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Hovel to House

Hovel to House

Following the new release of the additional General Permitted Development Order which came into force on the 6th April 2014, it is now possible to convert an agricultural building to a dwelling and also a shop to a dwelling. This is a big step forward from having to test the market for 6 months to see if there is any other need for the barn other than dwelling prior to putting in a full application to the District Council who would then take a larger criteria to make a decision on giving a consent for a conversion to a dwelling. With the new Development Order in place, you are now required to fill in a General Permitted Development Order and to provide a location plan so the District Council can make their decision.

 Converted property


There are of course restrictions that would prevent a notification being approved. These restrictions include that the building must have been in agricultural use or part of an established agricultural unit prior to the 20th March 2013, if the development would result in an external dimension of the building extending beyond the original dimensions of the building. If the site is an Article 1(5) land, which includes designated areas such as an area of outstanding natural beauty, conservation area, Listed or within the grounds of a Listed Building, on a site of special scientific interest, a safety hazard area, a military explosive storage area or site that contains a scheduled monument.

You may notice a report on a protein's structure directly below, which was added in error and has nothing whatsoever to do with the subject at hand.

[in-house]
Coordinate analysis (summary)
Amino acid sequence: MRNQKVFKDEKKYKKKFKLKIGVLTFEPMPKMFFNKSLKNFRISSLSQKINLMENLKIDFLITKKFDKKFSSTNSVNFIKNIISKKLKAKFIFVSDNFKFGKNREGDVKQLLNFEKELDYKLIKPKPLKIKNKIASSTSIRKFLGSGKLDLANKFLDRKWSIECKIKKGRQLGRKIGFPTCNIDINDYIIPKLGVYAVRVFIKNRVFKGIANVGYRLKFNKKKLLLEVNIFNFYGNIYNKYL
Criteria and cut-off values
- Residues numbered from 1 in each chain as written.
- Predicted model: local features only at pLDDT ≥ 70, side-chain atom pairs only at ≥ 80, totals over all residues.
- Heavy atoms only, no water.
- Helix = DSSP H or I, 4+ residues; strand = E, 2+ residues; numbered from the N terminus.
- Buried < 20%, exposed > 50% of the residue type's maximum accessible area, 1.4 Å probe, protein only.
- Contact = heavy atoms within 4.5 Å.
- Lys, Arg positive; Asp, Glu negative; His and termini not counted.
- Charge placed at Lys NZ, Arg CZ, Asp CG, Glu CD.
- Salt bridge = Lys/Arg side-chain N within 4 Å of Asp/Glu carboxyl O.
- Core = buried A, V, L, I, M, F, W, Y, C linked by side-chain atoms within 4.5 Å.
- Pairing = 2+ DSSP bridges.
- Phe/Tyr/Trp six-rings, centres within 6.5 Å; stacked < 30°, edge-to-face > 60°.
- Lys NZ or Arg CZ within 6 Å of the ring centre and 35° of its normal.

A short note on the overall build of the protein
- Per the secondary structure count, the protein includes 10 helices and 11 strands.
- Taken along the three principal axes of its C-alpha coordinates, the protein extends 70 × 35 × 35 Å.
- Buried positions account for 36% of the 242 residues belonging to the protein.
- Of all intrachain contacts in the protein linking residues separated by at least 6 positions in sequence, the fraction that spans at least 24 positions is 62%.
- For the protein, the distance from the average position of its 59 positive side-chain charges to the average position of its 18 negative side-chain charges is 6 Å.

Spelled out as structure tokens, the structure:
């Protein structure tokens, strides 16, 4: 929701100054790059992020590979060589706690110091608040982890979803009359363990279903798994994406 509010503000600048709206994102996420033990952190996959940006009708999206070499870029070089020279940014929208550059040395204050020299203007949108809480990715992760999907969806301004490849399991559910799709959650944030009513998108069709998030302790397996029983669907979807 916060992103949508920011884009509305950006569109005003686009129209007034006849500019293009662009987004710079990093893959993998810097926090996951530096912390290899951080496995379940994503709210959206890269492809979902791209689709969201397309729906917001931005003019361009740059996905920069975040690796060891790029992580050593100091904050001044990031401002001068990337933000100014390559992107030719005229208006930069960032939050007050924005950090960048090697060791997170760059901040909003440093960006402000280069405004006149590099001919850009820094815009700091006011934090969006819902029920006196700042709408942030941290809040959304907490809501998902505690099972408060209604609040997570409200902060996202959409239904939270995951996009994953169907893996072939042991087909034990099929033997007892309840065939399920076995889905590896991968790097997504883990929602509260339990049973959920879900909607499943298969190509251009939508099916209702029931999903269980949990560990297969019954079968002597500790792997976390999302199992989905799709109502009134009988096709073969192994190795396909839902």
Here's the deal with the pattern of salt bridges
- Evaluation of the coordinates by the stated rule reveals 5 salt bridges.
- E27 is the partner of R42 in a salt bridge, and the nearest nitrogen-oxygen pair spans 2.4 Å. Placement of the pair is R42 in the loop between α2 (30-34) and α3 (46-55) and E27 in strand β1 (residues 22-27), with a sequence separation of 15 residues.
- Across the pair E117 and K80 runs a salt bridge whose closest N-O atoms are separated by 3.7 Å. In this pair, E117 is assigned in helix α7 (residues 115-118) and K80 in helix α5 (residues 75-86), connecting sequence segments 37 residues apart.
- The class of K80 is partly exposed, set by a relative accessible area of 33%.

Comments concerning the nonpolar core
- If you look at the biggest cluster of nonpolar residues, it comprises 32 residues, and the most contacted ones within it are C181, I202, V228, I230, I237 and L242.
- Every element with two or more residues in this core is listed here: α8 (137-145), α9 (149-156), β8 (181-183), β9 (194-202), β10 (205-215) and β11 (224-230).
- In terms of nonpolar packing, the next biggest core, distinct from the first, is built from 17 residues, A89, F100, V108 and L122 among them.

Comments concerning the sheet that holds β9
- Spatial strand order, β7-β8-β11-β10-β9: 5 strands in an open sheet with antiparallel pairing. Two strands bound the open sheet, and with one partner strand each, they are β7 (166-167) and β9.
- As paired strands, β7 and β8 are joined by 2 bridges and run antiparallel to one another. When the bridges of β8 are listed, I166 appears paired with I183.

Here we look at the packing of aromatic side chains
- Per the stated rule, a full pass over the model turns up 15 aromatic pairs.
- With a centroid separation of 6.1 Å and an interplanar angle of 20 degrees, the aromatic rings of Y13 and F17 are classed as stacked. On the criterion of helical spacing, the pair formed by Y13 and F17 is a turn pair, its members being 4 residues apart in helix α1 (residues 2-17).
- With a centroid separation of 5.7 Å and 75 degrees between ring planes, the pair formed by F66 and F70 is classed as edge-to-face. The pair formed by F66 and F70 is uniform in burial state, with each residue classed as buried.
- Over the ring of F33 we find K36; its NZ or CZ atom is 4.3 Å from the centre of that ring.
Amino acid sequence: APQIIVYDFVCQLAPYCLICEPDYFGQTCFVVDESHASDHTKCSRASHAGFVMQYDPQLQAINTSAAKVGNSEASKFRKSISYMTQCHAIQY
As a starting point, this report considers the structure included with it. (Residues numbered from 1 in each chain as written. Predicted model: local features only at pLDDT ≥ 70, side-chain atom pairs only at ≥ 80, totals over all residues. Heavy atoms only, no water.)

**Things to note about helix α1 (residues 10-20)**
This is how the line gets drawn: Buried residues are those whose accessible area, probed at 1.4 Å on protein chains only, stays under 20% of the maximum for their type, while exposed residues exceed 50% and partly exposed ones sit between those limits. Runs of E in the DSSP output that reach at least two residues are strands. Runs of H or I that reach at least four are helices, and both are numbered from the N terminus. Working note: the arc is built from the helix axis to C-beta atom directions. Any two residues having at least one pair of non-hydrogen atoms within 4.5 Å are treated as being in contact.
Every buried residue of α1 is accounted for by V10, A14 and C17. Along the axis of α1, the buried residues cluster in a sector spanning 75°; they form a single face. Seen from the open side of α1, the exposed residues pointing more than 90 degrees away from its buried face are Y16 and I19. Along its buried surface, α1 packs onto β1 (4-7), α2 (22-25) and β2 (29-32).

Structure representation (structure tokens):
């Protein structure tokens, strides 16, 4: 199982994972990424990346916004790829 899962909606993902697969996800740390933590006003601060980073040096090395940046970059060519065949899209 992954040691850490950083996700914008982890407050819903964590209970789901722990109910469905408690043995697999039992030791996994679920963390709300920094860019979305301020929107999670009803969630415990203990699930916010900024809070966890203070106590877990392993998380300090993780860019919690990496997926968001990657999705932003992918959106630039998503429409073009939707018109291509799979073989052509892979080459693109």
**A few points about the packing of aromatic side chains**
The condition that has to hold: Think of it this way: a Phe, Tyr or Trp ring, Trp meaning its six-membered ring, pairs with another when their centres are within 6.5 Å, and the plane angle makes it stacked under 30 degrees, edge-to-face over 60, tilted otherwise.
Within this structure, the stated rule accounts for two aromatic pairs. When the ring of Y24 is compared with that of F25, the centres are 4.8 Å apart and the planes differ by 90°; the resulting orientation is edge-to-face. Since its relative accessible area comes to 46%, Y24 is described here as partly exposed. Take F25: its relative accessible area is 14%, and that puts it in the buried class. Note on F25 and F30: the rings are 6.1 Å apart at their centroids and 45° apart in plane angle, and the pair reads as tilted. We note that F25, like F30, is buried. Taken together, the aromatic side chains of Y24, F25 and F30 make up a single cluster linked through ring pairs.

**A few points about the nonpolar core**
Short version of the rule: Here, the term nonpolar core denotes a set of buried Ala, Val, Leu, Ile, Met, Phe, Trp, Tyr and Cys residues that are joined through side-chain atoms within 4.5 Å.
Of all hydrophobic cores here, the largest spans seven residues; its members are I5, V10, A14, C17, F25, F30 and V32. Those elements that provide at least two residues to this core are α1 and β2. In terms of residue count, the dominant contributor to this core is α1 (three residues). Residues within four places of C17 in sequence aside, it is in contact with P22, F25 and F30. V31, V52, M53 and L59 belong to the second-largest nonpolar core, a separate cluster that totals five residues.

How big and how many barns can I convert?

The restrictions on numbers and sizes have also been put in place. You may only convert a barn that would result in no more than 450 sq m of floor space within the agricultural unit as a whole. The maximum number on one unit would be three dwellings, the accumulative floor area of these three dwellings, again must not exceed 450 sq m of floor area.

What rights might I lose?

Once a Consent has been granted for a conversion of an agricultural building to a dwelling under the new GPDO, you will not be able to apply for new agricultural buildings via the Agricultural Notification for a period of 10 years. Any application that is submitted within that 10 year period must be for a Full Planning Application.